STRAP-toolbox for

Proteins and Alignments

Using the building blocks of STRAP for
Self designed programs and scripts

Change in the API: The variable type for sequences changed from java.lang.String to byte[] in SequenceAligner.


STRAP-toolbox is a Java-toolkit for the design of Bioinformatics programs and scripts. It is derived from the multiple sequence and structure alignment program STRAP. STRAP uses Java, a fast compiled computer language which is widely used in Bioinformatics. Therefore STRAP works together with other Bioinformatics libraries written in Java. Nevertheless, Programs written in C/C++ such as Pymol and ClustalW can also be used within STRAP.

To provide an overview, all scripting examples are concatenated to one single file.


Install JDK from Sun (60 MBytes) or IBM You need the plain JDK and not "JDK with ... " The JDK contains four important commands: All following installation steps may be comfortably performed by copying the green on black installation script into the command shell. On some UNIX systems the default shell is the C-shell rather than bash or ksh. In this case you can change to bash (or Korn-shell) by typing "bash" or "ksh" at the command prompt.

Installation of STRAP-toolbox on Windows

After installing the JDK you should check whether the command javac.exe is available in the command shell. Otherwise add C:\Programme\Java\jdk...\bin to the environment variable PATH. German: "Systemsteuerung" ==> "System" ==> tab "Erweitert" ==> button "Umgebungsvariablen". English: "My computer" ==> "Property" ==> "System" ==> tab "Advanced" ==> button "Environment variables". You can install Cygwin which contains the bash and wget: setup.exe for Cygwin. If you prefer the MS-DOS command interpreter you need to adapt the installation script since it has a different syntax. During the installation of Cygwin additional software packages can be specified. It is necessary to activate wget which is found in the Cygwin group "Web". SETUP.EXE can be run any time to add or remove software packages. After installation, the Cygwin icon appears on the desktop. Double click it, wait 2 s and press enter to get into the command shell. To copy and paste the installation script lines (green on black) you need the of the shell window (right-click).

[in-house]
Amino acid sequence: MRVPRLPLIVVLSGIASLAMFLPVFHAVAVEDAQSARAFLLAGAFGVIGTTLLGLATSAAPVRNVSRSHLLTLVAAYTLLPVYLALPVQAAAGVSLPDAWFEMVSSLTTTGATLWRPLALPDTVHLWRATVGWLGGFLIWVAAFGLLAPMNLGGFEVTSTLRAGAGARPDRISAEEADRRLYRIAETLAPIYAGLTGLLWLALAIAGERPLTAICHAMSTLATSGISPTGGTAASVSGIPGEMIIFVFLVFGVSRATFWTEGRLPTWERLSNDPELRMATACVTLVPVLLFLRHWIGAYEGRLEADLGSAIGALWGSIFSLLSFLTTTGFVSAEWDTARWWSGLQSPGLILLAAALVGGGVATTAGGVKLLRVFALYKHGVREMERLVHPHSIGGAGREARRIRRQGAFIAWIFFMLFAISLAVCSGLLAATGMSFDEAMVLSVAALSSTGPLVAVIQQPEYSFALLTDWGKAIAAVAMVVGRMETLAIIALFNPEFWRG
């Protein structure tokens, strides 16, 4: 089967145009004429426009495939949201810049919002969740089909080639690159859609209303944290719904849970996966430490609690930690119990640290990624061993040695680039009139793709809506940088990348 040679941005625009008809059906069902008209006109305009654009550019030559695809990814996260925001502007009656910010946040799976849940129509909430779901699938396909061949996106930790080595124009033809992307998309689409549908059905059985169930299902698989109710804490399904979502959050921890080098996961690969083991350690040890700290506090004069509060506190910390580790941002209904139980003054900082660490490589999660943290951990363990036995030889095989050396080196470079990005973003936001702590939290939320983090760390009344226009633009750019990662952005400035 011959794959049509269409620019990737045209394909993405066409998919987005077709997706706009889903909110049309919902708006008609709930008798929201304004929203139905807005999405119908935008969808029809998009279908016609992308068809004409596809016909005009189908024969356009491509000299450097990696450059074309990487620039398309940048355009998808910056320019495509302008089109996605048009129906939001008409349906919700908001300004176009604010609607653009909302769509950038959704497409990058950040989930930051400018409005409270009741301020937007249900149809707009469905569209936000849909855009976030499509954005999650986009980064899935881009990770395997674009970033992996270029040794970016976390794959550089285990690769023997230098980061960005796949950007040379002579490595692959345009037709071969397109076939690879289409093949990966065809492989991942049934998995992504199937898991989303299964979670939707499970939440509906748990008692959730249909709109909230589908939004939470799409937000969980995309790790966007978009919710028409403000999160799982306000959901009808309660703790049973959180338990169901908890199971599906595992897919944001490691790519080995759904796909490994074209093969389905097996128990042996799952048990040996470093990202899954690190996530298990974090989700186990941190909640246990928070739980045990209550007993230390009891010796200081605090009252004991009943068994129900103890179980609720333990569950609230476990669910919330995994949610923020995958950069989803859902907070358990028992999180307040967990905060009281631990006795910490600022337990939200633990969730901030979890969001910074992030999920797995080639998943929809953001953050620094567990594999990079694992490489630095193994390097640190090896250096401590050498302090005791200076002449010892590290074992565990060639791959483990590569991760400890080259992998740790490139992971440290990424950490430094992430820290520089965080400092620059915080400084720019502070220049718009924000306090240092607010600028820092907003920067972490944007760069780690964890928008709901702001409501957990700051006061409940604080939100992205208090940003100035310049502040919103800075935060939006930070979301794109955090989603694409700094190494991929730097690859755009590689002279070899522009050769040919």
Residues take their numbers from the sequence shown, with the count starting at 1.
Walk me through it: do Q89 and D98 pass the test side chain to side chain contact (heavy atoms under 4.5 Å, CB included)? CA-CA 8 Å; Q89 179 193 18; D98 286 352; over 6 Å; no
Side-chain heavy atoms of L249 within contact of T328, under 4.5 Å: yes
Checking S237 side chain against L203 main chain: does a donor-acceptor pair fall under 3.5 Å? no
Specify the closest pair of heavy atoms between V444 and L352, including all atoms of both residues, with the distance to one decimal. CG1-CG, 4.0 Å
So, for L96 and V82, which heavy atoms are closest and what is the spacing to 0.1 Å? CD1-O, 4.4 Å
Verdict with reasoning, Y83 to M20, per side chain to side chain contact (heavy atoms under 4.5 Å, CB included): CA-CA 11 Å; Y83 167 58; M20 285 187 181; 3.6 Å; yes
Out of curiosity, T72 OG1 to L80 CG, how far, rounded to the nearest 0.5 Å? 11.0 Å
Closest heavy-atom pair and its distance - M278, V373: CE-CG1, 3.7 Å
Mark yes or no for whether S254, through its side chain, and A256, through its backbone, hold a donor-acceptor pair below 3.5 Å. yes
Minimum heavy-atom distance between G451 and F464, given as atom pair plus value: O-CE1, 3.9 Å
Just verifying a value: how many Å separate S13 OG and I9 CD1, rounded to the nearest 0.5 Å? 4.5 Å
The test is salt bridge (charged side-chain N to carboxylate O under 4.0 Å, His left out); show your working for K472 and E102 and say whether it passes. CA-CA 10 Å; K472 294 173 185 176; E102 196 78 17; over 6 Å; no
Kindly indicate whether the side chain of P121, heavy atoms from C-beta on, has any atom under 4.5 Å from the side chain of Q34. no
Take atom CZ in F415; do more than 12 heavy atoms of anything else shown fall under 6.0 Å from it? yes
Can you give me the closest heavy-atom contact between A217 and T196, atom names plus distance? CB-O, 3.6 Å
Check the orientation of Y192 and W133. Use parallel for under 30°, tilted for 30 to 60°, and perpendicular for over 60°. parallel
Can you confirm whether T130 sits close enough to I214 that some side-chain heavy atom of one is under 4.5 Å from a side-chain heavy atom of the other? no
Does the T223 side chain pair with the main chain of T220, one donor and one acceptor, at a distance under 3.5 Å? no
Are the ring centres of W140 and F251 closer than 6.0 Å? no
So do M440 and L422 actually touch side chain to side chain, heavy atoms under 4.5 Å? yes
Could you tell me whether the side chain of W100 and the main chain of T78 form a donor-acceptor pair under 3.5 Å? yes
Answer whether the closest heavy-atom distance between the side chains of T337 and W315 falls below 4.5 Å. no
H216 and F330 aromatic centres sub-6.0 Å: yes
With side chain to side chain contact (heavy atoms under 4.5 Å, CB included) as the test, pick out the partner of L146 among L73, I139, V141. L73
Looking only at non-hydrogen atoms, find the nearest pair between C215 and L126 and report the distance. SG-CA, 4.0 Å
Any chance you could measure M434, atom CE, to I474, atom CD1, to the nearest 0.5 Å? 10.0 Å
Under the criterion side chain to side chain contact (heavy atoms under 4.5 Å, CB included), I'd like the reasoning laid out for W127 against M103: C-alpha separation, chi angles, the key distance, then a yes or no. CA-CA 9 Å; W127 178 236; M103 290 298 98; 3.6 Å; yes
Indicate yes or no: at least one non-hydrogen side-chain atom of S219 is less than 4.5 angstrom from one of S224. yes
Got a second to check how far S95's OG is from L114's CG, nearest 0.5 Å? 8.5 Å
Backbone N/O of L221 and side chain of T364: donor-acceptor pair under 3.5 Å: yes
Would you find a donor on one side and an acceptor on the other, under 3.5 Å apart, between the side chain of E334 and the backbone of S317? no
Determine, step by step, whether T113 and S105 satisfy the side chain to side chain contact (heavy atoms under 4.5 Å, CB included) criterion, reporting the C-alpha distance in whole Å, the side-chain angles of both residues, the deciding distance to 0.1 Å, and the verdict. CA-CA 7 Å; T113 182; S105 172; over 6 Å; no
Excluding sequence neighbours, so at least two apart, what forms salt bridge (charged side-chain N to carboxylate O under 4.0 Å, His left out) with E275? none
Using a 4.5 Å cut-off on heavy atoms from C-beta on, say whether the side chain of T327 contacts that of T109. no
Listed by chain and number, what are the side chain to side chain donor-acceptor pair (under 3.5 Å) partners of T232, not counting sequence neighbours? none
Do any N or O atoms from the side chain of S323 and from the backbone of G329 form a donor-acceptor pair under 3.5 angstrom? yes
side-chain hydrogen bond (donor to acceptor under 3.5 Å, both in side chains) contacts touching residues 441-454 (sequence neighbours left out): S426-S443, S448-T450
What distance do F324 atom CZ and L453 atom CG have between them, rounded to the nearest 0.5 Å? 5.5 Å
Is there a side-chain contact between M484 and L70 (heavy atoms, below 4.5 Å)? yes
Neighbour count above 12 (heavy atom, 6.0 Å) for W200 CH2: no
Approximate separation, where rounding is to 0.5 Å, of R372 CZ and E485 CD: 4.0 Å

The first script line sets the variable DOWNLOAD with the program for downloading files, usually wget or curl.
The variable PATHSEP is semicolon on Windows, otherwise colon. If you are in an Intranet it might be necessary to set the Web-proxy with the -D command line option.
alias java="java -Dhttp.proxyPort=888 "

To install the library strap.jar and all examples you need to open a command shell. On Windows open a Cygwin shell and on Macintosh open Utilities/Terminal.

Then copy and paste the following green on black text.
 # Specify the program you use to fetch files from Internet
 DOWNLOAD="wget -N" 
 wget --version || DOWNLOAD="curl -O"

 # The path separator character is usually a colon
 if [[ "$OSTYPE" == cygwin ]]; then PATHSEP=";"; fi

 # Create a test Directory
 mkdir $HOME/testSTRAP_Scripting
 cd $HOME/testSTRAP_Scripting

 # Fetch the examples and the strap.jar. Alternatively take the browser

 # Extract the zipped archive, which contains the examples
 jar -xf allExamples.jar

 # Adjust classpath
 export CLASSPATH=.$PATHSEP"strap.jar"$PATHSEP$(echo  biojava-live/*.jar | tr ' ' "$PATHSEP")$PATHSEP


Starting the examples

In the following all demos are listed. You can copy each line to the command shell to start the corresponding example. Each line consists of two commands: javac which compiles the example and the java which runs the example.

Editing the examples

Windows does not come with a full featured text editor. A good choice for Windows is Notepad++. You may also try J_Java_Editor.
java charite.christo.J_JavaEditor &

The building blocks

The following lists the important elements, which can be used in scripts or programs.


A SequenceAligner aligns two or more sequences automatically. aligns two sequences. The two sequences are given as java.lang.String objects. The computed alignment is provided as String[] array containing the gapped sequences.